EBA Launches Consultation on Regulatory Technical Standards: MArket Risk
The European Banking Authority (EBA) is making strides towards enhancing regulations in the area of market risk, with a key focus on accommodating extraordinary circumstances. They have recently launched a public consultation on draft Regulatory Technical Standards (RTS) to help identify these extraordinary circumstances that might disrupt markets. This initiative will provide a framework for market players, including publishers, to waive certain requirements in the calculation of their own funds for market risk based on their internal models. This consultation process is open until 3 November 2023. Importantly, the draft RTS provide a high-level framework to identify such extraordinary circumstances, setting out the conditions and indicators that should be present. This could potentially allow institutions to continue using their internal models for a trading desk, even if it does not meet backtesting requirements or fails the profit and loss attribution test. A public hearing in the form of a webinar, open to interested stakeholders, will take place on 20 September 2023.
EBA's New Draft Regulatory Technical Standards for Market Risk Management
In a progressive step towards redefining market risk regulations, the European Banking Authority (EBA) is spearheading an initiative that promises to bring increased flexibility and resilience to financial institutions and market players, notably publishers. The EBA's recently launched public consultation on draft Regulatory Technical Standards (RTS) for identifying extraordinary circumstances is a potentially transformative development for the European financial sector, including banks that leverage internal models for market risk calculations.
The new draft RTS, anchored firmly within the framework of the Capital Requirements Directive IV (CRD IV), offers provisions for market players to deviate from regular requirements under exceptional circumstances. This anticipated regulatory shift may prove to be a lifeline for institutions like banks and publishers that can be negatively impacted by unforeseen market disruptions. It could bolster resilience within these sectors, allowing operations to continue smoothly without the hindrance of rigid regulatory constraints.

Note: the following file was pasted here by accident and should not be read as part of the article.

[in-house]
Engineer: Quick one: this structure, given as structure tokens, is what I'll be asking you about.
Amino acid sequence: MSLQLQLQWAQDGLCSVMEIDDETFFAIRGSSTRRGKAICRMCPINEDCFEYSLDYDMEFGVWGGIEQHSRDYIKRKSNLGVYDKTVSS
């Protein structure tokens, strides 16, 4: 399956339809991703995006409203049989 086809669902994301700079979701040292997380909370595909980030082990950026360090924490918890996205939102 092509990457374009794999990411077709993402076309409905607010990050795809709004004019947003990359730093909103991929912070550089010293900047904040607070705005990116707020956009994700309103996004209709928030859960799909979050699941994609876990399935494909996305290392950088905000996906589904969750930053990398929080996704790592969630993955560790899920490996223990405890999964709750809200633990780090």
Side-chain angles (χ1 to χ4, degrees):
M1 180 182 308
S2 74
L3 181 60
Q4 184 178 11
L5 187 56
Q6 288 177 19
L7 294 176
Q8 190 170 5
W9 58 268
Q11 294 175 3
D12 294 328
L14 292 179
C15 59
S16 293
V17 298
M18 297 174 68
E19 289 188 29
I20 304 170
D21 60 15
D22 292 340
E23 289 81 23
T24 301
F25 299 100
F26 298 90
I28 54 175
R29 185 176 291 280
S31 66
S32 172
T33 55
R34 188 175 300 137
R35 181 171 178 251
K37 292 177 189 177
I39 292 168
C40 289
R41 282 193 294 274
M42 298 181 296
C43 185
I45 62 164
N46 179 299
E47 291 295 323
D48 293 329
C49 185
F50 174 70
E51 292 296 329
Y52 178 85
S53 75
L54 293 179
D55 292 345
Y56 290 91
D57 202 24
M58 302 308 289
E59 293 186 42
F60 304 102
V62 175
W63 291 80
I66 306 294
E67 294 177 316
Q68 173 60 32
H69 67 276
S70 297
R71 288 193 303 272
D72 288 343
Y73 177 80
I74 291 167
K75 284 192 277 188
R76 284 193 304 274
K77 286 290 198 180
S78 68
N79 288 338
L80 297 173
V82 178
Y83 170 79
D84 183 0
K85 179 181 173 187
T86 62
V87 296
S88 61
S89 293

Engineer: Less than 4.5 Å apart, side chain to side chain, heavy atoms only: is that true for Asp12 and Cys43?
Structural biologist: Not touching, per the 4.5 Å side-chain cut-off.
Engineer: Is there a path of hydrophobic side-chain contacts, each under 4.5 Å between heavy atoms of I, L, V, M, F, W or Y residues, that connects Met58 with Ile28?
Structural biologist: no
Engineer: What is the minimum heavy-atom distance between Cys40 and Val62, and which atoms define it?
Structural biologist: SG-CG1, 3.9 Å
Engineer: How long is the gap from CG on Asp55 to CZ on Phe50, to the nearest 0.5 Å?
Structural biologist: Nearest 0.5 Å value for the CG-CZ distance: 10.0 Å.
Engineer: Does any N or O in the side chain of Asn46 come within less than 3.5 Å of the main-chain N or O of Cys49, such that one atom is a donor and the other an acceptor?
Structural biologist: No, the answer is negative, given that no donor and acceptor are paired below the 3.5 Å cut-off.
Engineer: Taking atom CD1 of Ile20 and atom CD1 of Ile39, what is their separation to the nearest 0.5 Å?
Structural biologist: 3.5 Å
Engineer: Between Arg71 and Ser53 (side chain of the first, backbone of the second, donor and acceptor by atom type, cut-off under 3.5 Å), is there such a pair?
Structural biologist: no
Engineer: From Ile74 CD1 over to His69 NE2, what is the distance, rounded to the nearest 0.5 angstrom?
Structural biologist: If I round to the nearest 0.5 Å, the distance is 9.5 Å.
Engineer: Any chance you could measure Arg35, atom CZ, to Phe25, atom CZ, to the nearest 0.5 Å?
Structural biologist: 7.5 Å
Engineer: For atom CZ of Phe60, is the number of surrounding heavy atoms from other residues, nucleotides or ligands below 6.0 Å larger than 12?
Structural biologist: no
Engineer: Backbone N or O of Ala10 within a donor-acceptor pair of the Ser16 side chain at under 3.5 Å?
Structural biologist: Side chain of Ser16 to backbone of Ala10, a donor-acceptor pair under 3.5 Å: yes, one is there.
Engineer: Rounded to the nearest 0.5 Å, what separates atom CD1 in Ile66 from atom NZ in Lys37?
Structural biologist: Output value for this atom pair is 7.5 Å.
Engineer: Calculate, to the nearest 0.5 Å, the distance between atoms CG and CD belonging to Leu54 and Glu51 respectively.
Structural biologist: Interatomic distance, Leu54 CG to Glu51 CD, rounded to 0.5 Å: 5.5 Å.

Furthermore, the draft RTS presents a clear set of conditions and indicators for recognizing these extraordinary events. This step towards increased transparency could result in a more realistic regulatory landscape, one that acknowledges the unique challenges faced by diverse sectors including publishing.
The EBA is also championing inclusivity by inviting stakeholders to actively participate in the consultation process. This offers a unique opportunity for entities to express their opinions and concerns, paving the way for a balanced regulatory framework that respects sector-specific demands.
In an acknowledgment of the digital era, the EBA has chosen to conduct a public hearing via webinar. This move enhances accessibility, enabling stakeholders from various locations to join in the discourse and contribute to a collective regulatory vision.
To adapt to these potential regulatory shifts and ensure compliance, financial institutions, publishers, and other market players must remain proactive. Participation in the consultation process, refinement of internal risk models and processes, and implementation of systems to monitor and respond to 'extraordinary circumstances' will be crucial steps in this journey.
With the consultation process open until November 3, 2023, and the public hearing set for September 20, 2023, all eyes are on the EBA's innovative approach to market risk regulation. Post-consultation, the timeline for the implementation of these new rules would typically span several months to a year, marking an essential turning point in European financial regulation.
The EBA's pioneering stride towards a more flexible and resilient market risk management paradigm is a testament to the evolving financial regulatory landscape. As these changes unfurl, understanding and adapting to them will be key for financial institutions and market players eager to thrive in the new era of European banking regulation.
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